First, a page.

Movies and beer have long been part of day-to-day business at Asheville Pizza and Brewing’s mothership location on Merrimon Avenue. But the brewery/discount cinema/pizzeria is giving that concept a twist in April when a new weekly series of beers will debut, each of them paired with a vintage comedy film.
The idea started when company President Mike Rangel wanted to celebrate National Humor Month, says brewery spokeswoman Anne Fitten Glenn.
Along with its usual lineup of second-run features, the Merrimon location has offered special movie features, sometimes in honor of the anniversary of a film’s release or the birthday of a star or director. Recently, the theater has had one-off screenings of Shaun of the Dead and the Woody Allen comedy Manhattan. Rangel says those shows generally pack the 145-seat theater.
With the list of classic comedies finalized, the company’s brewers went to work, coming up with recipes that would match the films. Most of the Asheville Brewing crew knew the movies well, Rangel says.
Finally, Asheville Brewing turned to its customers, who submitted potential names for the beers via Facebook and Instagram. More than 1,000 responses poured in. “It was a lot of fun going through them,” Rangel says. The chosen names creatively reference a line or a character from the films. Winners received a $40 gift card, two tickets for the show and two Asheville Brewing T-shirts.
The films will play on Thursday nights in April, and tickets are the same as always: $3 a person. Showtime is 7 p.m. Movie tickets are now on sale at the bar for all four films.
The beers will be on tap at both the Merrimon location and the downtown brewery on Coxe Avenue. Only 7 barrels of each beer were made, Glenn says. For customers who want to take some home, growlers will be sold.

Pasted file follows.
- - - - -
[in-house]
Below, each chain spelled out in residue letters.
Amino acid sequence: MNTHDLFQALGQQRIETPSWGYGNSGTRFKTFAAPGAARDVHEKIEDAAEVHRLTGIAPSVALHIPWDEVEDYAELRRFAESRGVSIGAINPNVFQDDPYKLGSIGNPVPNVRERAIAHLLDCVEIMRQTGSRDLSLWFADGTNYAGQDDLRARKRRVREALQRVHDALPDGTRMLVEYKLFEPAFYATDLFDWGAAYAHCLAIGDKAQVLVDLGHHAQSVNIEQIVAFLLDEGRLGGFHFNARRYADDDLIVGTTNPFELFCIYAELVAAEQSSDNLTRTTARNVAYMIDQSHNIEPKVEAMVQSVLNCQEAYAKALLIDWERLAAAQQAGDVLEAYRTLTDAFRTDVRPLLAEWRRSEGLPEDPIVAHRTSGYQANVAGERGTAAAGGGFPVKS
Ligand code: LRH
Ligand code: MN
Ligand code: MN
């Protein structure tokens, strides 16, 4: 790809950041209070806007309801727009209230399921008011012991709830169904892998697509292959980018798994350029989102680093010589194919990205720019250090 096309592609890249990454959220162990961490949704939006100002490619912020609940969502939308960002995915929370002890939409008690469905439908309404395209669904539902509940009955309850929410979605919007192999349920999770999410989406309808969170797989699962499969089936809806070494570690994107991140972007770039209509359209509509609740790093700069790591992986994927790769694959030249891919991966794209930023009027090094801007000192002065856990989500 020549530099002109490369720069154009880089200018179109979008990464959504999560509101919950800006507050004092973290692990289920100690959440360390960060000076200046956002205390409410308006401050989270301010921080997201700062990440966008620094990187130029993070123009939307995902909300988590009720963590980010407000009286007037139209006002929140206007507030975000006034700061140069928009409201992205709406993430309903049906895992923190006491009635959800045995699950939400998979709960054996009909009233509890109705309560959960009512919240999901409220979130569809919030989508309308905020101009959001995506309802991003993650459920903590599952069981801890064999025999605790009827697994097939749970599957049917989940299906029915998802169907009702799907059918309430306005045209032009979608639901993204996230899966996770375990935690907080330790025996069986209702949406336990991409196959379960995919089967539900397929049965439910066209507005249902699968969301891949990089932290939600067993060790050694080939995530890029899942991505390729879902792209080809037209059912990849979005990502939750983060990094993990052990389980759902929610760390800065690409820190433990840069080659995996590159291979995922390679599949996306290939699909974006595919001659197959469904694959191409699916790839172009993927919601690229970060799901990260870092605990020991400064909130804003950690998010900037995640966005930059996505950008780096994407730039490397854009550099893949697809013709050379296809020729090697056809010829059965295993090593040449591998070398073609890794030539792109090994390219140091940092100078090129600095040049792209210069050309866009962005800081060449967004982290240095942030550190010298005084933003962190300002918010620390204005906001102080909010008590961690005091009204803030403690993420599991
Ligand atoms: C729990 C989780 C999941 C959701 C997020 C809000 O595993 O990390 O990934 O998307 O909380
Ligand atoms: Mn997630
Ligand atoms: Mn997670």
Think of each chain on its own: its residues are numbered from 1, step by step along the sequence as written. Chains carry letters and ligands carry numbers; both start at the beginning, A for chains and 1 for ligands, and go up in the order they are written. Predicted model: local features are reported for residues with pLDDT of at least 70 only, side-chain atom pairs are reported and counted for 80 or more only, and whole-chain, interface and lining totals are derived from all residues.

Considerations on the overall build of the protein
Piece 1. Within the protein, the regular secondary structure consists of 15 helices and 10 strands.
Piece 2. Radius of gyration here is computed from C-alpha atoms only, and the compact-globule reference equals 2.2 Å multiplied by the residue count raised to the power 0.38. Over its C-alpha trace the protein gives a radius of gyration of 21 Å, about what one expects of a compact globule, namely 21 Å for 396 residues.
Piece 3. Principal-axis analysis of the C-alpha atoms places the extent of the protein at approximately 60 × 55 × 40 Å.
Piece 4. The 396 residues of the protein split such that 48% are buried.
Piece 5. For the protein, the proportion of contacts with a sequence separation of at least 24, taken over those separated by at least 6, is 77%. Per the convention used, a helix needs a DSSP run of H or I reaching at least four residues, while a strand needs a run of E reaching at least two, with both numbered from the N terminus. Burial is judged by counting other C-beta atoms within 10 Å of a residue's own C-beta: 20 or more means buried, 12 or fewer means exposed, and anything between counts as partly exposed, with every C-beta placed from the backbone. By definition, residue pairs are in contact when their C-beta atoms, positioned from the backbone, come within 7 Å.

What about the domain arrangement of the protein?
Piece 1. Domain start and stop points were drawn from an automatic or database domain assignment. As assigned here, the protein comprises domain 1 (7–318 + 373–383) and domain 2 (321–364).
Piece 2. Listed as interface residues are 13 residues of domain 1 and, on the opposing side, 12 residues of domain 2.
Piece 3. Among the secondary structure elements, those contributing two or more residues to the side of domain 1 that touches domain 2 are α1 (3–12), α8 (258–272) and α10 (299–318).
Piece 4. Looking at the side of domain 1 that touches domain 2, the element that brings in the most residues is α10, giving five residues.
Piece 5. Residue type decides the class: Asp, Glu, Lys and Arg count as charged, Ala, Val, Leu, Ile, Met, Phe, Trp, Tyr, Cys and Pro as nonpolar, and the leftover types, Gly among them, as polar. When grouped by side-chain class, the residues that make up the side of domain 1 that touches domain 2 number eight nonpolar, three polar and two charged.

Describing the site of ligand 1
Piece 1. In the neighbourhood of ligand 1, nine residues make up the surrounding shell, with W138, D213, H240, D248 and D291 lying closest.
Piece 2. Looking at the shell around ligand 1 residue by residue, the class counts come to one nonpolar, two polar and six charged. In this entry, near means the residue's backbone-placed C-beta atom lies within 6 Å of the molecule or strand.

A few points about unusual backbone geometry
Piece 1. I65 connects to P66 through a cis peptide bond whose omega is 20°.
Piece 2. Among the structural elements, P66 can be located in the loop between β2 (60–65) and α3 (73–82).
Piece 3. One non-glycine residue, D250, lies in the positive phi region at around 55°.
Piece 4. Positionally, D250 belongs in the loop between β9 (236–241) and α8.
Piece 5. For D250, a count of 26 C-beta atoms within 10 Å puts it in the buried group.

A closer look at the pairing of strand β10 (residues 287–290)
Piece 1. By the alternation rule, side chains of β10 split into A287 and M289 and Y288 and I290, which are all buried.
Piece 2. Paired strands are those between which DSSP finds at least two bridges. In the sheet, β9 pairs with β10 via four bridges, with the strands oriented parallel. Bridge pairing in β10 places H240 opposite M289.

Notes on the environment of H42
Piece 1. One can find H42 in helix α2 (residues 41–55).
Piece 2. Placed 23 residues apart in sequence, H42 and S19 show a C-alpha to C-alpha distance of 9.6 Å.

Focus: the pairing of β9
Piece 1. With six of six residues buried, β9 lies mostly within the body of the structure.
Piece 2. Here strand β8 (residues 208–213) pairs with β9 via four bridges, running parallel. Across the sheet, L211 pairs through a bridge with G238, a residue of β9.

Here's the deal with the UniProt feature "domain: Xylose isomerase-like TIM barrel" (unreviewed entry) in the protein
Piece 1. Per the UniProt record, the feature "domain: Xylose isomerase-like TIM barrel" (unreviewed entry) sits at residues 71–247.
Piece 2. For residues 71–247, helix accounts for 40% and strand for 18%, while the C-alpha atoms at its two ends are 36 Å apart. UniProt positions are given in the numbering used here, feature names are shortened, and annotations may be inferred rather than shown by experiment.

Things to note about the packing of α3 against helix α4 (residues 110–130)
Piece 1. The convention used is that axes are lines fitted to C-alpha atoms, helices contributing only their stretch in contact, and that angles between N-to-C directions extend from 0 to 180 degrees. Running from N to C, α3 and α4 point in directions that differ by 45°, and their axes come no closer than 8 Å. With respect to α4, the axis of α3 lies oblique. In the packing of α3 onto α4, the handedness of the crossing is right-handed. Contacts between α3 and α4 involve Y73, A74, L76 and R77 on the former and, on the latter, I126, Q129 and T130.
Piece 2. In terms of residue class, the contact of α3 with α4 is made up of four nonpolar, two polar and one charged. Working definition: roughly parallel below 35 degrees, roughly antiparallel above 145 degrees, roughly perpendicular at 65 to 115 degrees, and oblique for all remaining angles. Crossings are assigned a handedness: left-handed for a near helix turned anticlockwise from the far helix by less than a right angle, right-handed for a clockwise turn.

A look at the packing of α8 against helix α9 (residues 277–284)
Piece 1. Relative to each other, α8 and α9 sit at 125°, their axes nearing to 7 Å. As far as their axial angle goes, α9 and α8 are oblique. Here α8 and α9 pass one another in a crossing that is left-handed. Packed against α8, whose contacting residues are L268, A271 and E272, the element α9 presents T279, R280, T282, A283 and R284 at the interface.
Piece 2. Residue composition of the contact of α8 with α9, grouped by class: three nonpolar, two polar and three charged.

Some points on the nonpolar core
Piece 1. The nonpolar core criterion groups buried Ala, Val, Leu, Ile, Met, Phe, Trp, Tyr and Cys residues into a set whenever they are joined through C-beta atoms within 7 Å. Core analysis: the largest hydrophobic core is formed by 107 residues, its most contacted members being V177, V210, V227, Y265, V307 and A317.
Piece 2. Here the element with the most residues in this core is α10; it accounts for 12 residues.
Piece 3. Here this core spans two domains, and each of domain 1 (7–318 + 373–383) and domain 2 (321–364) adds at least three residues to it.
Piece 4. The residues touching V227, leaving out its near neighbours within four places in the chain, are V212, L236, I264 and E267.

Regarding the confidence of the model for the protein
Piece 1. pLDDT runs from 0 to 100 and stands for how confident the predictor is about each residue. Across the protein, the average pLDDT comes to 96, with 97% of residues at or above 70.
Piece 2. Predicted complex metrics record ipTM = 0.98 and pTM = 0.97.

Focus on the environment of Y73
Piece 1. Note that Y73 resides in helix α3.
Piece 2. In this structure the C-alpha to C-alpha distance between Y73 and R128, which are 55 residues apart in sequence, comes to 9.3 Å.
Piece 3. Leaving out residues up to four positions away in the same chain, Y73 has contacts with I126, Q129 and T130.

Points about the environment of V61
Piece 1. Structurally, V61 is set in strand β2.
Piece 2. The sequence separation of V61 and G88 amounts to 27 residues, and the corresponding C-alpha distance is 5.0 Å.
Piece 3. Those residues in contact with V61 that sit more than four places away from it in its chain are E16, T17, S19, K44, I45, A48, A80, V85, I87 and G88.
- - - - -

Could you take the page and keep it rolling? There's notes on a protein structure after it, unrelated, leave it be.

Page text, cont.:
The series begins April 6 with The Princess Bride, first released in 1987, directed by Rob Reiner and starring Cary Elwes, Robin Wright, Mandy Patinkin, Chris Sarandon, André the Giant and Christopher Guest. The story follows a young farmhand who must rescue his kidnapped love.
The beer for that film is Ashe Brew Wish, named by Geneva Green out of 400 entries. It’s a passion fruit sour blonde made with a touch of rose hips and is 5.9 percent ABV.
Next on April 13 is Fast Times at Ridgemont High with Sean Penn, Jennifer Jason Leigh and Judge Reinhold in a coming-of-age story about wild Southern California students. Cameron Crowe wrote the book on which the film is based after going undercover at a San Diego high school and later wrote the screenplay.
The new beer that week is Aloha Mr. Hand, named by Andre Rodriguez and JP Teague out of 170 entries. It’s a pineapple cream IPA with a coconut water infusion and weighs in at 6.2 percent ABV.
The series continues April 20 with 1998’s Half Baked, starring Dave Chappelle and Jim Breuer in a tale of stoners who sell marijuana stolen from a lab to raise funds to bail a friend out of jail after he accidentally killed a diabetic police horse by feeding it junk food.
Its tie-in beer is Abra-Kolschdabra Hemp Pale Ale, named by Ryan Webb out of 180 entries. The brew was made using crushed hemp seeds and nugget hops.
The series concludes April 27 with 2004’s Napoleon Dynamite. Jon Heder, in his feature film debut, stars as the title character, an eccentric 16-year-old who lives with his unemployed older brother and dreams his days away when he’s not tangling with bullies. The film led to a short-lived animated series on Fox.
The brew for the final film is Tater Tot Saison, named by Jenn Webb out of 300 entries. It was brewed with a Belgian yeast blend and malts including pilsner, Vienna and flaked wheat, then hopped with Centennial, Lemondrop and Citra, and finally dry-hopped for extra aroma. Asheville Brewing head brewer Pete Langheinrich describes it as having “a nice balance between tart and smooth.”
Another movie and small batch beer series is planned for September. Rangel is unsure what the film genre will be, but is currently considering science fiction or action-adventure.
“This was fun, mixing beers with movies,” he says. “People can forget how much better it can be to see a movie on the big screen with like-minded people.”